The Many Faces of Seed Stitch

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Notre Dame de Grace by Véronik Avery from Best of 2010: Top Ten Patterns for Knitted Pullovers

Interweave has had so many incredible pullover sweater patterns over the years. We decided to gather the bestsellers of 2010 into one, convenient PDF download: Best of 2010—Top Ten Patterns for Knitted Pullovers!

I was looking through the top ten and I discovered one that I hadn't seen before, Notre Dame de Grace by Véronik Avery. How could I have missed it?!? I just love the casual style of this pullover; it's the perfect weekend sweater, great with jeans or cords. And it's a good layering piece, too.

What first caught my eye about this sweater was the collar-shoulder-button combo. At first I thought that the sweater had saddle shoulders, which I've never knit before. When I looked closer, however, I saw that the stitch pattern changed at the shoulders, sort of mimicking a saddle shoulder. The collar is a really nice combo of the shoulder rib pattern and some short-row work, which is what gives it it's stand-up shape.

When I started looking at this sweater, I thought the main pattern stitch was moss stitch, but it turns out it's double seed stitch. This got me thinking about seed stitch and its many "offspring" (or should I say "cousins"?).

  
The original seed stitch, which I found labeled "dot stitch."

I started Googling seed stitch, and I came up with pretty much what I expected, that here in the U.S. what we call "seed stitch" Europeans call "moss stitch." Véronik Avery lives in Montreal, so I think Canadians subscribe to the same seed stitch conventions as the Europeans do. (I think seed stitch is kind of like the metric system!)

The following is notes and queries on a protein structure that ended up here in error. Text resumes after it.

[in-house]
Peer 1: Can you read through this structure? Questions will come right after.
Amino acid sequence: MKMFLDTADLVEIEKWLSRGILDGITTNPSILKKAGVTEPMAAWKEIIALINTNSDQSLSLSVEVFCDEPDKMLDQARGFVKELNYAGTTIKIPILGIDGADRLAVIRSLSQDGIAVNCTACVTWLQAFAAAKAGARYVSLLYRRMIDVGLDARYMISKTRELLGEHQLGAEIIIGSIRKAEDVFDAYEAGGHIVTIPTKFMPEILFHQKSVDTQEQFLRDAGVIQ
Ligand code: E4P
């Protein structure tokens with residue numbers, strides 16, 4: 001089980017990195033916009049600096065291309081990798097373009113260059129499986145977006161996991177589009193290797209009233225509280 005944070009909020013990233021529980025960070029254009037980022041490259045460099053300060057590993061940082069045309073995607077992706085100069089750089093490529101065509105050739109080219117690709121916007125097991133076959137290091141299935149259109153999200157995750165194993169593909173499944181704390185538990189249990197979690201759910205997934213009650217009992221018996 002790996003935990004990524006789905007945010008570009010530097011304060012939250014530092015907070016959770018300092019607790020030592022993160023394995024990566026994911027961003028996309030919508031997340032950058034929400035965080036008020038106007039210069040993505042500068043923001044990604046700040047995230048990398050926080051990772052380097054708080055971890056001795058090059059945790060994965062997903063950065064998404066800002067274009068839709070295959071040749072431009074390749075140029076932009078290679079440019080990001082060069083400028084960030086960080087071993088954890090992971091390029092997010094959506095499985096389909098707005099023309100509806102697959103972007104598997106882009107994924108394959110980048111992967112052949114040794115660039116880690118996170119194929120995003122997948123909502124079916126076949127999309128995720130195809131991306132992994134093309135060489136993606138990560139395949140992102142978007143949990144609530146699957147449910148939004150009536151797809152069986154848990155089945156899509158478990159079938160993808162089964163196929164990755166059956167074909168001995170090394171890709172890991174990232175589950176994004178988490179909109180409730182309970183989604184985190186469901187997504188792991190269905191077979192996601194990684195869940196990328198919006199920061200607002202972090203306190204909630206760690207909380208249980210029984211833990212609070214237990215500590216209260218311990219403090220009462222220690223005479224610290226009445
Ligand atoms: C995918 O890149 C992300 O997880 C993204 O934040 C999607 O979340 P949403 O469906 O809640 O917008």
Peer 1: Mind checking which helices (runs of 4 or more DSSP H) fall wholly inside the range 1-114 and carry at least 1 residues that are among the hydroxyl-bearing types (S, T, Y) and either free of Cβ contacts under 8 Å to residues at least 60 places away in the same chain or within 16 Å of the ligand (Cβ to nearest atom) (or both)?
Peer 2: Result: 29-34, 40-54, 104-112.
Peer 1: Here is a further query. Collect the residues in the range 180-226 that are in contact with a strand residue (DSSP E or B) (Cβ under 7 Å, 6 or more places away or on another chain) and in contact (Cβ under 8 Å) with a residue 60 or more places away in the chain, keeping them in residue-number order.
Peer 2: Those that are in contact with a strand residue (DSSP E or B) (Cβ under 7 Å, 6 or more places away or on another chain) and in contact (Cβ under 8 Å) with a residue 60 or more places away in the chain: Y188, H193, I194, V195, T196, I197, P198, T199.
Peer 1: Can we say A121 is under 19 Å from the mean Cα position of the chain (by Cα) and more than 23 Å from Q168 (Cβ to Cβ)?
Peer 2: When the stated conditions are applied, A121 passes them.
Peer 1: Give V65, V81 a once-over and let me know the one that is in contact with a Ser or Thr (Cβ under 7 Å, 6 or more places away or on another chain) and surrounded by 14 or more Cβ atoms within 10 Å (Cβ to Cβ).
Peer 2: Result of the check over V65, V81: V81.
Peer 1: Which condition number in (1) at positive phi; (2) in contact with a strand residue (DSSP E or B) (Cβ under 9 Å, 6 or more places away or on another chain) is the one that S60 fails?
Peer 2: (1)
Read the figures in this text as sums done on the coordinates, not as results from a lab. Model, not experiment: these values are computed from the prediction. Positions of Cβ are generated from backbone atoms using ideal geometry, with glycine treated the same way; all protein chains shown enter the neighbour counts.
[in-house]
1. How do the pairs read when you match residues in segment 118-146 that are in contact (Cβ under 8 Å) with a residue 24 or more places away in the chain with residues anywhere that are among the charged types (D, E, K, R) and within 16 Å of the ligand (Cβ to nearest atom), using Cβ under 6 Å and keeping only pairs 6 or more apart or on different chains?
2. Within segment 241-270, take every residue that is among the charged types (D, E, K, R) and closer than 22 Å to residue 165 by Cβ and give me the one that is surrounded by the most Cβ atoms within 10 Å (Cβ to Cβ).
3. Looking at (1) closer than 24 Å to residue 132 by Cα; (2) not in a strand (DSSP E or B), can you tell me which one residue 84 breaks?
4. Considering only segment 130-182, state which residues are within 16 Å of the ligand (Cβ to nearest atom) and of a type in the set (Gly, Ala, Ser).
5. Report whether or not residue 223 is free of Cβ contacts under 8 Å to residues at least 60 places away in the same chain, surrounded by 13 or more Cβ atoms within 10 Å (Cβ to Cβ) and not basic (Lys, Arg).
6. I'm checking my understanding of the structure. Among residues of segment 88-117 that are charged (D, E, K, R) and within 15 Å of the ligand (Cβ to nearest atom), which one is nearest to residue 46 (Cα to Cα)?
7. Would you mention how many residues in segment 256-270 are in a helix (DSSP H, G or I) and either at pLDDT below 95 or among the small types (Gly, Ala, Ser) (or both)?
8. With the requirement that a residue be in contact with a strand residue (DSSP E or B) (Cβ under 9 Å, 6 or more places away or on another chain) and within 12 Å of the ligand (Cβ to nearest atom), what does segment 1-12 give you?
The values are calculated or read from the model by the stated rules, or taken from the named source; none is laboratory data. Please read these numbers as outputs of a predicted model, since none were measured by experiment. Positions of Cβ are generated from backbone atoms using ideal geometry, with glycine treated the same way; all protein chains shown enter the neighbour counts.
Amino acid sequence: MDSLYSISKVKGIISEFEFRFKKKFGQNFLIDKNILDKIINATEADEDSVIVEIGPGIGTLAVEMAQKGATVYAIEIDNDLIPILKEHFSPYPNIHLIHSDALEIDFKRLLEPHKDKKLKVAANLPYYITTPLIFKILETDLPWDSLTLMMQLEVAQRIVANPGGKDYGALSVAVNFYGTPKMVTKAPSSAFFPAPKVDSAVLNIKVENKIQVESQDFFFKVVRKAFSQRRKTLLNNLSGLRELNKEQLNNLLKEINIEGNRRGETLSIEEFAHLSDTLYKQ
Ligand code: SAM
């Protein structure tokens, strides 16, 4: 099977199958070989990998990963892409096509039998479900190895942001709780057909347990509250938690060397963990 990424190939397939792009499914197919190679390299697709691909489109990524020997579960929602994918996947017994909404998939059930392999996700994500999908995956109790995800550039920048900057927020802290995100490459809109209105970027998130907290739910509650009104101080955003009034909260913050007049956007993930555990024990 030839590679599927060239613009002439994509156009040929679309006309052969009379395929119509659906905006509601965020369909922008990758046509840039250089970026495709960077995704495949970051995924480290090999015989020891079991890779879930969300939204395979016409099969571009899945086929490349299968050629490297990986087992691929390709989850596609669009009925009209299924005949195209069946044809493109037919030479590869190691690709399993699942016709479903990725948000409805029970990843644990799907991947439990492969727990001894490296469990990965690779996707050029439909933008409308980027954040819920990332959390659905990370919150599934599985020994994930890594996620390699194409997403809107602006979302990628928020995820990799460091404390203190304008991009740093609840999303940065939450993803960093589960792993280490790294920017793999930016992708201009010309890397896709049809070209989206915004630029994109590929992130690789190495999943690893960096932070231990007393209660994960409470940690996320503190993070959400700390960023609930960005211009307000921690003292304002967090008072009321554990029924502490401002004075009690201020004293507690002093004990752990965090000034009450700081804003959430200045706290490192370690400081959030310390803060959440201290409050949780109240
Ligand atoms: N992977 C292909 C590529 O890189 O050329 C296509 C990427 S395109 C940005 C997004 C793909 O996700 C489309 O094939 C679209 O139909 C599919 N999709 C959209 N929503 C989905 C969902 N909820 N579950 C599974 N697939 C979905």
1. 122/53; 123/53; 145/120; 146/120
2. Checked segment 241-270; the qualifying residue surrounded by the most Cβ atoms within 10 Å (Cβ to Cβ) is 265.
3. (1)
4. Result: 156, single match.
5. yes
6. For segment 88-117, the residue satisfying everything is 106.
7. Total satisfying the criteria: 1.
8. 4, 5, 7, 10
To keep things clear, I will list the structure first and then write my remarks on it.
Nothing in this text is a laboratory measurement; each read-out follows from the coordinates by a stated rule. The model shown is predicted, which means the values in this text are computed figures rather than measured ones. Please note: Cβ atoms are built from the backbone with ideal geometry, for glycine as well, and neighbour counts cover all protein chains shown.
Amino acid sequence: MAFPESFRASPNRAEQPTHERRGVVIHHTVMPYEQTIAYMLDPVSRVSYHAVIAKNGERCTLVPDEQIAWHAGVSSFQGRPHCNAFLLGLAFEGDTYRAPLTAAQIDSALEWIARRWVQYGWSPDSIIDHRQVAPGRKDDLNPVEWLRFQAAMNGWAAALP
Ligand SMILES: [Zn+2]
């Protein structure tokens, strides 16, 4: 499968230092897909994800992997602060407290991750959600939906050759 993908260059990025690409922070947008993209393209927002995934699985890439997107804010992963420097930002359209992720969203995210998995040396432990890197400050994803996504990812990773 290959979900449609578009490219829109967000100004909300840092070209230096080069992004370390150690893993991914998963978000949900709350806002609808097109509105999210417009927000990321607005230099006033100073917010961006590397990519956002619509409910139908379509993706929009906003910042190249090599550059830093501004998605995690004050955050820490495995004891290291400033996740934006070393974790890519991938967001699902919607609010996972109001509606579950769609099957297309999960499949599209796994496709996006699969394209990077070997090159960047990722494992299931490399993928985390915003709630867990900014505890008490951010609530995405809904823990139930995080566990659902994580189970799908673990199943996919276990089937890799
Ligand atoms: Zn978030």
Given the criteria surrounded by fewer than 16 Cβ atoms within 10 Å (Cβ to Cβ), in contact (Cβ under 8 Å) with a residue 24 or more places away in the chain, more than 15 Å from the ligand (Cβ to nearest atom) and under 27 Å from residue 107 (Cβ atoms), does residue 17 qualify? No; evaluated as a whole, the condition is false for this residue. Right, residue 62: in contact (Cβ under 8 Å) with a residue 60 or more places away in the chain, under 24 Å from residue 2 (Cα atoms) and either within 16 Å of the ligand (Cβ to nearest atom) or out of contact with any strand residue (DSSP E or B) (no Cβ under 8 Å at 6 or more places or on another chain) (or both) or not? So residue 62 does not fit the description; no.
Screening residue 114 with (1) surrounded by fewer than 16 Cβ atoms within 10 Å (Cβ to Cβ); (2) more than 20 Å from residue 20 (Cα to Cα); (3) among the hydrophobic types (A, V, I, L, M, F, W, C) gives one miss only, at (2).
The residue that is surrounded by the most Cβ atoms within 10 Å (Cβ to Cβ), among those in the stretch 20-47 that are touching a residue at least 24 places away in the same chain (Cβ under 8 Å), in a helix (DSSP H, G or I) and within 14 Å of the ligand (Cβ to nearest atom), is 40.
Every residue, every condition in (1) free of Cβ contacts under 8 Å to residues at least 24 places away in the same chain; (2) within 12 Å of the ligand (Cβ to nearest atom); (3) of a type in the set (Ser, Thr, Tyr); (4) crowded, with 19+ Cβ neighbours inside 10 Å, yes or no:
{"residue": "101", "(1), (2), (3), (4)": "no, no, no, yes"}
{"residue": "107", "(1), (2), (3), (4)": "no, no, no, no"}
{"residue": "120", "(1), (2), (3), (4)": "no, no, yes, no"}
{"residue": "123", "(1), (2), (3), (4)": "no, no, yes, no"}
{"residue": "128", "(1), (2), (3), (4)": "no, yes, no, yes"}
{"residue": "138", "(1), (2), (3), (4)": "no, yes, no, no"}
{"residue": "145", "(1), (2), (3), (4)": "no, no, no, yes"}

Once I opened this Pandora's box, I really fell into it! I started looking up seed stitch/moss stitch in all of my stitch dictionaries, and what I found really muddied the waters.

I learned that the original English version of seed stitch is a sort of decorative use of purls to dot a background of stockinette stitch; sort of a scattering of "seeds." US moss stitch is usually called "double moss stitch" across the pond and in Canada. And I found Véronik's double moss stitch under the name of "box stitch."

See what I mean? Muddy. To unmuddy just a bit, I knit up a swatch and labeled it with the names most commonly used for the seed and moss stitch family  in the US.

     
All in the family: Double seed stitch, moss stitch, and seed stitch

It's so fun to do this sort of research! I came across tons of beautiful stitch patterns, too. Try it, I think you'll have a fun evening!

And get our 2010 best-selling pulloversBest of 2010: Top Ten Patterns for Knitted Pullovers—you'll find a favorite to wear in 2011!

Cheers,

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